A blood pressure check, an immunization and a cholesterol test – these are all parts of your routine medical care. Someday, a genetic test to identify your risk for developing disease may also be added to the list. In fact, researchers believe that day is fast approaching thanks to the rapid advances in genomic medicine.
That’s why Konstantinos Lazaridis, M.D. and his research team are exploring how healthy people may benefit from preemptive genetic testing. The goal of their research is to learn more about how using whole genome sequencing (WGS), a type of genetic test, with healthy individuals may:
“There are approximately 60 known genetic mutations linked to an increased risk of developing specific diseases. This number will most likely grow as precision medicine research advances. Yet there is very little research on the benefit that preemptive WGS testing may offer healthy individuals, who have no known signs or symptoms of disease. With a one-time WGS test, patients may learn information that could help them take charge of their health and help physicians guide their medical care over a lifetime,” says Dr. Lazaridis, associate director, Mayo Clinic Center for Individualized Medicine.
Who will benefit most?
Dr. Lazaridis and his team want to study WGS testing results from 500 people, all participants in the Mayo Clinic Biobank. He and his team are hoping to describe the frequency that healthy individuals bear disease causing genetic variants and identify whether certain groups have higher rates of genetic variants linked to disease risk.
“Our research results may help us detect those healthy individuals who would benefit most from preemptive genetic testing. For example, we may find that those participants with a family history of a specific disease have a higher likelihood of having a relevant genetic mutation that puts them at risk for developing the same condition,” says Dr. Lazaridis.
The ripple effect - how will genetic information impact patients, their families?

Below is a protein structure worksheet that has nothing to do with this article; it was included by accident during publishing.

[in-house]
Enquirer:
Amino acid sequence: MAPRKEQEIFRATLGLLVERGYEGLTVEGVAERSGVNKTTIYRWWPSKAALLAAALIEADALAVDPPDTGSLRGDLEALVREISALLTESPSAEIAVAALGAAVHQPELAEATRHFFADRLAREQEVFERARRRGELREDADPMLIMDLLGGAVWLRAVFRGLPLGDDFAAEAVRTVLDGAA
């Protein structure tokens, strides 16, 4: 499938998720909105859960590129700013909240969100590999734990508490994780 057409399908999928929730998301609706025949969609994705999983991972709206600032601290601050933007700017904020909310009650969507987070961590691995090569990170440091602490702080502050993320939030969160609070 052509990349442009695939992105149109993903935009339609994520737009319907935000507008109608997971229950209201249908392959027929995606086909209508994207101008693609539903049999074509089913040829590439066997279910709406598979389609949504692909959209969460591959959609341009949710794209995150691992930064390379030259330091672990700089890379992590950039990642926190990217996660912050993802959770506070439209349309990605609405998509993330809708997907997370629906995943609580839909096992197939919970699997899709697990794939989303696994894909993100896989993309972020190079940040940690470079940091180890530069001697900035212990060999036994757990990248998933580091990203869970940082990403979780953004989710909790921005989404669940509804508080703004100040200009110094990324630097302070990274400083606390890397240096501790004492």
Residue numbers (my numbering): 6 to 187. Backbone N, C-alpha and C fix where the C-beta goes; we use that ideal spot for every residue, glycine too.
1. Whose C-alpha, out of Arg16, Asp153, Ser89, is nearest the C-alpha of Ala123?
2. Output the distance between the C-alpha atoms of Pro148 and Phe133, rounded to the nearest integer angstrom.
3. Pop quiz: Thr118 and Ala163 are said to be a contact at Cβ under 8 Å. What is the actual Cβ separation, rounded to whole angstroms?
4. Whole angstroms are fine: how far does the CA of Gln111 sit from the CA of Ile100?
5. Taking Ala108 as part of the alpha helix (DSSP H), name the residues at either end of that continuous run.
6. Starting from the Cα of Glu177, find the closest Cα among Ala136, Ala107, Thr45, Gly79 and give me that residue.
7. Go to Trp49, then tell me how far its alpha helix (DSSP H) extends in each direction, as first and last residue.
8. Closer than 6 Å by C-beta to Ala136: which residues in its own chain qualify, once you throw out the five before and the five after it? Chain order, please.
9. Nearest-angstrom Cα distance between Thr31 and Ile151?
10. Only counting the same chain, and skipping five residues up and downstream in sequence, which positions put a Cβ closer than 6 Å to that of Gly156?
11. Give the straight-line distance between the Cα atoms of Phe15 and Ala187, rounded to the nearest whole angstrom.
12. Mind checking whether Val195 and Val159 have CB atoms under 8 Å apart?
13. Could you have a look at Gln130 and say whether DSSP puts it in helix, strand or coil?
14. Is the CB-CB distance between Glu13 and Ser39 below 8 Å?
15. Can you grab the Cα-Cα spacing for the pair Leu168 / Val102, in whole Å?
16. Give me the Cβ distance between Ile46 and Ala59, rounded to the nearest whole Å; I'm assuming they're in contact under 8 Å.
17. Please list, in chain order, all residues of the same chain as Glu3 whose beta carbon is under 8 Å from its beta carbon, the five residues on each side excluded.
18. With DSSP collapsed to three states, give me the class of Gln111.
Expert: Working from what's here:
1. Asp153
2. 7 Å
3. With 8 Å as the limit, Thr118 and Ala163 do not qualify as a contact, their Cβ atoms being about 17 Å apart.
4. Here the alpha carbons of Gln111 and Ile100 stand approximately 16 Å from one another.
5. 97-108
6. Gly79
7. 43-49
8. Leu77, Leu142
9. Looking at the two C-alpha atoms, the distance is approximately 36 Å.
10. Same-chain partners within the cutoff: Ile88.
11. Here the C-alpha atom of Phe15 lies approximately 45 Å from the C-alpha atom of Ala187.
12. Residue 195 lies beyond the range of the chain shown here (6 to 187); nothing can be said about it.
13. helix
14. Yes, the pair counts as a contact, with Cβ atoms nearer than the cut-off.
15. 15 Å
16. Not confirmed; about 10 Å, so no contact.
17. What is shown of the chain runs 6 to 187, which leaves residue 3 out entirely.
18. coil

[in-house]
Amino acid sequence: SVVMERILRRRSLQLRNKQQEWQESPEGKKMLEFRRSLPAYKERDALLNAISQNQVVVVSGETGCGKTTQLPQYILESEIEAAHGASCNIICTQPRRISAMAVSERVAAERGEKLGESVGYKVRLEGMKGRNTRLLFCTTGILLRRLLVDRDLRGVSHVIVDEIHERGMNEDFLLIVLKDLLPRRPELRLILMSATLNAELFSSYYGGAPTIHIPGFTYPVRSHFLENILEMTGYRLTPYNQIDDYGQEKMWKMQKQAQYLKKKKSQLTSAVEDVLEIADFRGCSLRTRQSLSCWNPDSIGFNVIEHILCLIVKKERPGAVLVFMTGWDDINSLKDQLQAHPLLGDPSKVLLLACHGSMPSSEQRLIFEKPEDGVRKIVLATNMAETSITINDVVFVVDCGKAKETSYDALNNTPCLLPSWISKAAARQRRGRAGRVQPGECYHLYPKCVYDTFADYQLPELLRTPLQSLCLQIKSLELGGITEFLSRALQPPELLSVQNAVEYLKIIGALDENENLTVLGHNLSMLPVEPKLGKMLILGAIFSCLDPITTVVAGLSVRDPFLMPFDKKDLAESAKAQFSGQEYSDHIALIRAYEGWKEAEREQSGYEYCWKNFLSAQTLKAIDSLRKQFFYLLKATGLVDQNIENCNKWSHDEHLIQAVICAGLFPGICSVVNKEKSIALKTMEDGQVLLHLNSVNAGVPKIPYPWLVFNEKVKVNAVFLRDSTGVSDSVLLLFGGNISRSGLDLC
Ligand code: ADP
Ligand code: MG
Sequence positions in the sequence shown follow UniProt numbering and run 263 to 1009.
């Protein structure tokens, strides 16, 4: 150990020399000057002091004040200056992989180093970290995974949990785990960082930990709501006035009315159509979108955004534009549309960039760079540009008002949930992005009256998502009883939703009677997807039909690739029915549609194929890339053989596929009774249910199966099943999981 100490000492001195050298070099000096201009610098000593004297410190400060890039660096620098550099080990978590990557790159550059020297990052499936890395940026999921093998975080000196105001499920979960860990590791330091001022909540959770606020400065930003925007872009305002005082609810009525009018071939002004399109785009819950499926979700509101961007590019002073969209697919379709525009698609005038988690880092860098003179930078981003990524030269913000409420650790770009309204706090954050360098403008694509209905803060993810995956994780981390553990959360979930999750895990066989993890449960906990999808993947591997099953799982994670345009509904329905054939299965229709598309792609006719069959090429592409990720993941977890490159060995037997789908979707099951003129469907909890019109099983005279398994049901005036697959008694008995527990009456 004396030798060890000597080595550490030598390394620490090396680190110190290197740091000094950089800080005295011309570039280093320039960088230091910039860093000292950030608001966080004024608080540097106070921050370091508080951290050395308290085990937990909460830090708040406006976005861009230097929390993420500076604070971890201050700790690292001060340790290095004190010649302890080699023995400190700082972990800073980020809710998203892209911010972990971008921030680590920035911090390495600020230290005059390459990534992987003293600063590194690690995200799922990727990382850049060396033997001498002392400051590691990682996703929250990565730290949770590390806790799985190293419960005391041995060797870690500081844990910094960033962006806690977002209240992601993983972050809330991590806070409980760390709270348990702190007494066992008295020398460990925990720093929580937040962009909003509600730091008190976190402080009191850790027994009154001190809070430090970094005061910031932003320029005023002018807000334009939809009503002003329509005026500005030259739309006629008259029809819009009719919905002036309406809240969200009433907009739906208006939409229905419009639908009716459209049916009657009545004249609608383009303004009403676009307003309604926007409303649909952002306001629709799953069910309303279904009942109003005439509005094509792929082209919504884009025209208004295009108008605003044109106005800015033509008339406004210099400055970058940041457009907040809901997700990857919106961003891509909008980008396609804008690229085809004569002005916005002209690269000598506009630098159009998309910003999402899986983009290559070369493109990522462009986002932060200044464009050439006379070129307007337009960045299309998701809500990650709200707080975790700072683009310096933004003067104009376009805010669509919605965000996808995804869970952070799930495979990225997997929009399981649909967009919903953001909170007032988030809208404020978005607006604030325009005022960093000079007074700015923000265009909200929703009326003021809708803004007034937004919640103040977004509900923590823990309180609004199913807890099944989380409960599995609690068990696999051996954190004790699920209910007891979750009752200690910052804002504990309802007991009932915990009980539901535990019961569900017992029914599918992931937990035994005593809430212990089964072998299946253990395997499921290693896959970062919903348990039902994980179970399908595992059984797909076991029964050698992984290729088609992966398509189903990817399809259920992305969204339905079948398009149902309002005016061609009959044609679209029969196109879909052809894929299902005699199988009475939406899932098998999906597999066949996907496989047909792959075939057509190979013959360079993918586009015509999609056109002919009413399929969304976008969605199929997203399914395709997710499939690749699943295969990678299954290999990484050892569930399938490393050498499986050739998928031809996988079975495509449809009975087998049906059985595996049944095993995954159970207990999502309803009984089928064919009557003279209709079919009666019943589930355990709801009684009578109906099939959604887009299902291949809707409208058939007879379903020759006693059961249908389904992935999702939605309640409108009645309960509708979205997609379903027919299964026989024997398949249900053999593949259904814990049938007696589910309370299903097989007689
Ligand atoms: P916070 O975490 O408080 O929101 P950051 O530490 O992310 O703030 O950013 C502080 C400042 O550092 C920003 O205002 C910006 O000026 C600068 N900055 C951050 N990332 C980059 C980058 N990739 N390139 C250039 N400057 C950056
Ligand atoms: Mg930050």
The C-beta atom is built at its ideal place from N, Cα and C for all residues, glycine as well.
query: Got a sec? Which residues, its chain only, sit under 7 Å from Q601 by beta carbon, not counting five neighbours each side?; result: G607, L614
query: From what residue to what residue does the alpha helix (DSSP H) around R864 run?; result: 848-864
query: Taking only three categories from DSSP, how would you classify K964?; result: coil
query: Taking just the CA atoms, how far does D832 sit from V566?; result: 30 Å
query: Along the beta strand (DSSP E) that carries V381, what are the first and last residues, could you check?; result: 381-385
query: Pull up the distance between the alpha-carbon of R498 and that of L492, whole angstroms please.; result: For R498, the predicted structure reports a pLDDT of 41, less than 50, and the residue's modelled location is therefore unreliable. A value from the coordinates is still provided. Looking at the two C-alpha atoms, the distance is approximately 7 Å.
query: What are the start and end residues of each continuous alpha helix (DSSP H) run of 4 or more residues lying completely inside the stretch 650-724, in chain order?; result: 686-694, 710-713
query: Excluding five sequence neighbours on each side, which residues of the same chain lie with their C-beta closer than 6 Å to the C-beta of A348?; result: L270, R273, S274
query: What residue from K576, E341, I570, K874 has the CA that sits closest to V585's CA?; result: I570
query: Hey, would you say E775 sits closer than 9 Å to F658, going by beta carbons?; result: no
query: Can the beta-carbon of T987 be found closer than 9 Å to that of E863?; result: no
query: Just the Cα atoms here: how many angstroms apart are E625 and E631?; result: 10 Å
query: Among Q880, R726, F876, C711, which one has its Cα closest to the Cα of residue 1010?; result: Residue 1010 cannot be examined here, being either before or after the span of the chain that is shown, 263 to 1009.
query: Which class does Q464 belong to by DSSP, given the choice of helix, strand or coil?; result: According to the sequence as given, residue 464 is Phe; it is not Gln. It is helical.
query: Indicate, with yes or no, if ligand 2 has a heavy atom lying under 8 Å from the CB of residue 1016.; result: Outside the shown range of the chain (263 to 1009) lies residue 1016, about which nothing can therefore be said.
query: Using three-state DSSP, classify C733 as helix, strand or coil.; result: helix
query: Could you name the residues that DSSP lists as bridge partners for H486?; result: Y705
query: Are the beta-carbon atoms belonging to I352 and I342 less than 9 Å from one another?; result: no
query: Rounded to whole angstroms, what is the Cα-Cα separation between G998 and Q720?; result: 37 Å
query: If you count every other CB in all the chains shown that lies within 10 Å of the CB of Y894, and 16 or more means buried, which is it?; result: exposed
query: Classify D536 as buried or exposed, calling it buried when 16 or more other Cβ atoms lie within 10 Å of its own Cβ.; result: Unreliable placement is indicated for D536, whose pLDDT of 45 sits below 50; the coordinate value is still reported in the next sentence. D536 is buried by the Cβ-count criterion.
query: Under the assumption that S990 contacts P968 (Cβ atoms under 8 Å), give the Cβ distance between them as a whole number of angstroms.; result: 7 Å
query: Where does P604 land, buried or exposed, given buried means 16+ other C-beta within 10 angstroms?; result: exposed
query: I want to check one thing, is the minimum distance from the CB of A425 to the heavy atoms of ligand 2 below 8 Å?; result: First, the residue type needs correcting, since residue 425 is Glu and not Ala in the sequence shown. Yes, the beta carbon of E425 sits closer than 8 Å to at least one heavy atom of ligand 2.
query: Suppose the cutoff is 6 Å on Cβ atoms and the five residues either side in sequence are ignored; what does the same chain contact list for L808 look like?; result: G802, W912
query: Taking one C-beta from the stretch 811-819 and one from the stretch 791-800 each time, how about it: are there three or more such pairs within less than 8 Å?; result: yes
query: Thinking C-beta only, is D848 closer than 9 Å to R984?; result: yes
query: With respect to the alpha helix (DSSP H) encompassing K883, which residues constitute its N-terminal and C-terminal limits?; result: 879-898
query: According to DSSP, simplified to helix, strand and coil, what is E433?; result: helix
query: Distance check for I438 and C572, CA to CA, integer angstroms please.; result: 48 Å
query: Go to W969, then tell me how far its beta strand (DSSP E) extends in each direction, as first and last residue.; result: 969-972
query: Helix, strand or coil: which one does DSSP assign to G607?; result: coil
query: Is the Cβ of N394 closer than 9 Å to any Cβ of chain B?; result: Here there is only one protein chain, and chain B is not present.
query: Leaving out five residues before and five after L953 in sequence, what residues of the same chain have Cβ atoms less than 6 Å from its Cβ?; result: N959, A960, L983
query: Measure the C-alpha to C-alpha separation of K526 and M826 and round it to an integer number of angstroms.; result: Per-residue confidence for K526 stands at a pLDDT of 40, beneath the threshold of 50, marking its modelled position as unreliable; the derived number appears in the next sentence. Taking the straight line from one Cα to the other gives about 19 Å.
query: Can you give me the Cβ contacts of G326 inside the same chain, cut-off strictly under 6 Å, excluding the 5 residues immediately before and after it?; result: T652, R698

According to Dr. Lazaridis, his team is also exploring the psychological and social implications that genetic test results may have on patients and their families.
“We may have participants who learn they have a genetic mutation such as BRCA1 or BRCA2, both associated with an increased risk for breast and ovarian cancer. As part of our research, we plan to conduct periodic surveys to assess how this information impacts these individuals’ future decisions about screening and treatment. We also want to learn how this new knowledge affects the decisions of their family members. For example, did other family members choose to have genetic testing?” says Dr. Lazaridis.
Knowledge is the key – for patients and providers
How can we better understand and act on the preemptive WGS test results as patients and health care providers? That’s a question that Dr. Lazaridis and his team are answering through genomics education for participants and the physicians who care for them.
“We’re working closely with primary care providers to educate them on how to interpret and apply WGS test results, along with other clinical results, to guide patient care,” explains Dr. Lazaridis.
The team has developed educational materials for patients that explain how genomic testing works and how test results may be used to direct their medical care now and in the future.
“The test results of each study participant will become part of their electronic health record and subjects with medically actionable findings will have proper follow up and clinical care. As new genomics discoveries are made in the future, these genetic results may even become more impactful in managing care over their lifetime,” says Dr. Lazaridis.
Join the conversation
Register to attend this year’s Individualizing Medicine Conference. It will be held in Rochester, Minnesota, on Sept. 12-13, 2018.
Tags: #CIMCon18, #DNA sequencing tests, #Mayo Clinic Biobank, #pre-emptive genetic testing, biobank, Cancer, center for individualized medicine, Dr. Konstantinos Lazaridis, Genetic Testing, mayo clinic, medical research, Precision Medicine, Research, whole genome sequencing